All rocks have a varying degree of porosity and permeability. Some rock formations contain a great deal of water. Sandstone, for example, has both high porosity and permeability. Clay can contain water and may have low porosity and virtually no permeability. Connate water is formed when layers of deep water-bearing rock undergo the process of lithification (the transforming of sediment or other material into stone), and under great pressure the water is driven out of the rock. Both fossil and connate water could be contributing sources for deep aquifers.

Sub-surface inflows and outflows are inter-basin or cross-basin flows. Deep aquifers quite distant from one another can communicate through faults and permeable zones, volcanic lava tubes, fissures, etc. Water precipitated into the fractured rock systems of mountains can infiltrate deep and flow through gravitation and other pressure to come out in seeps, springs, and artesian wells far distant from the source. Such spring or well water can only be associated with specific distant sources through sampling and chemical analysis. These sources are usually long-lived, having viability over thousands of years and hundreds of miles. If you have an artesian well or water spring, you may not be easily able to identify its source or sources. Paleo-rivers or buried river valleys may contain water in the alluvial sands and gravels which were buried over geologic time, resulting in ‘river formations’ deep underground.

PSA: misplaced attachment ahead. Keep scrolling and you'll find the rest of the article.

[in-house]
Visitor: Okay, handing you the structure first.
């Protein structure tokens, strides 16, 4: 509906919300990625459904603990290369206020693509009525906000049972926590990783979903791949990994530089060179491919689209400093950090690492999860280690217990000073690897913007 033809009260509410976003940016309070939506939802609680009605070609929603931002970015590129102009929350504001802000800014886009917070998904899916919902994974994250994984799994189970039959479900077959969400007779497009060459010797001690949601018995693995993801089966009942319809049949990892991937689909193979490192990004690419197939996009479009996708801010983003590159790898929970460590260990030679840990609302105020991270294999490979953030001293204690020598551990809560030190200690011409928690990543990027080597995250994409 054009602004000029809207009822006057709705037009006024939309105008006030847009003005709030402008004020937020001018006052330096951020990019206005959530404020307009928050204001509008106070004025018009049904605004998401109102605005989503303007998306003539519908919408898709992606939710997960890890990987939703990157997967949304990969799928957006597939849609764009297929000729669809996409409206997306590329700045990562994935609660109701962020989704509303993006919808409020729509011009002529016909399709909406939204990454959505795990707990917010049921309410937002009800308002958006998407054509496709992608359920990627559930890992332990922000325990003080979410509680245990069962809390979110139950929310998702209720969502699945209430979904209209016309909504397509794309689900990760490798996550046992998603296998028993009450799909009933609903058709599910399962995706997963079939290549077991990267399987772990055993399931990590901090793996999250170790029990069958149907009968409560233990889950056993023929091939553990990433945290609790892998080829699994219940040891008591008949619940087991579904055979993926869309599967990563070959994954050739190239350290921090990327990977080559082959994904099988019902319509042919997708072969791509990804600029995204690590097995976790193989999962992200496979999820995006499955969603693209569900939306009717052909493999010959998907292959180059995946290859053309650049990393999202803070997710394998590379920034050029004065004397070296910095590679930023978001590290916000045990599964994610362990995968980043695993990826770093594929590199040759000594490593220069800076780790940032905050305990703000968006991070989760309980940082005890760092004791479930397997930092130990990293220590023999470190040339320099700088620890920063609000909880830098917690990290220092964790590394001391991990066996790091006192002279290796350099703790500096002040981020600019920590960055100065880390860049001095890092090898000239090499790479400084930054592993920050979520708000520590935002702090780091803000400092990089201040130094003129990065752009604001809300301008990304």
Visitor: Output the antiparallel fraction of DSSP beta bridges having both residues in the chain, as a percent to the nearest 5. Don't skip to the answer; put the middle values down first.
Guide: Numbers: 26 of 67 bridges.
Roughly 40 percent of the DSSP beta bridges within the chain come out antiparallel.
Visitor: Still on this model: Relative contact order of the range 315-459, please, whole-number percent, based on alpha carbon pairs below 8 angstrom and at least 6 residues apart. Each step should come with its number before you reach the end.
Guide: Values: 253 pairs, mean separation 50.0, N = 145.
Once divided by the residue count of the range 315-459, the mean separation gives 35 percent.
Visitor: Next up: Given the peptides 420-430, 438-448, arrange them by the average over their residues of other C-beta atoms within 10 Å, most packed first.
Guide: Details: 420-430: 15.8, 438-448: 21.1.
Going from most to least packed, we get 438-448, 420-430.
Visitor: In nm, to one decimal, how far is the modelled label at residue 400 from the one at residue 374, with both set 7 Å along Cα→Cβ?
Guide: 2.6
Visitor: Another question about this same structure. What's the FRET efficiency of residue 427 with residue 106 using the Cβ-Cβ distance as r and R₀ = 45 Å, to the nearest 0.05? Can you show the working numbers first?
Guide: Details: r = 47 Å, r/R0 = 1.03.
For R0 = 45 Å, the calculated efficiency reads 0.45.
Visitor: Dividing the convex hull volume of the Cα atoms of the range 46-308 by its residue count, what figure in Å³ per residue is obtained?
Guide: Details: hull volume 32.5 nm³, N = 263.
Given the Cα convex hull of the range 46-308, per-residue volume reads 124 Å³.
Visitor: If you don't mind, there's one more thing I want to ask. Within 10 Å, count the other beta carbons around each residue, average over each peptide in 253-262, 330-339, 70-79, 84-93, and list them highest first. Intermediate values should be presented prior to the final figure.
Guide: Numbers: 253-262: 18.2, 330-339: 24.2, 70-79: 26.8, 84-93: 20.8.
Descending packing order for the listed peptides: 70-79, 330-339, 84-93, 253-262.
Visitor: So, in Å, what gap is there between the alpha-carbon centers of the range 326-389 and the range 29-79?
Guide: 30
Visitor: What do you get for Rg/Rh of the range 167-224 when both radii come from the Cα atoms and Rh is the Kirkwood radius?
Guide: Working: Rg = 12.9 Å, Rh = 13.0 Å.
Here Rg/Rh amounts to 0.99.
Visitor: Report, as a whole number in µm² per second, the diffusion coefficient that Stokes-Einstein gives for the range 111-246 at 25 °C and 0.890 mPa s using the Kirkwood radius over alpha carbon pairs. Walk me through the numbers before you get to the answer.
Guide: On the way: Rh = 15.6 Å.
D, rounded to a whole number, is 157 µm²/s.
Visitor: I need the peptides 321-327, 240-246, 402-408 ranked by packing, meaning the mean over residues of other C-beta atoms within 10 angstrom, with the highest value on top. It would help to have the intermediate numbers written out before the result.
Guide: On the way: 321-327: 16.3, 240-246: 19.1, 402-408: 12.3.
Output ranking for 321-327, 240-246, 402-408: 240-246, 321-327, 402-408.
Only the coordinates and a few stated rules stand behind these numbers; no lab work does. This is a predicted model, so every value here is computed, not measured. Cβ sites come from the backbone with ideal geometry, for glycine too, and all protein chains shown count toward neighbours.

“The water cycle involves more than just the water that circulates
between the atmosphere, oceans, and surface waters. It extends
deep into the Earth’s interior as the oceanic crust subducts, or slides,
under adjoining plates of crust and sinks into the mantle, carrying
water with it. “
Steven Jacobsen, PhD.
Northwestern University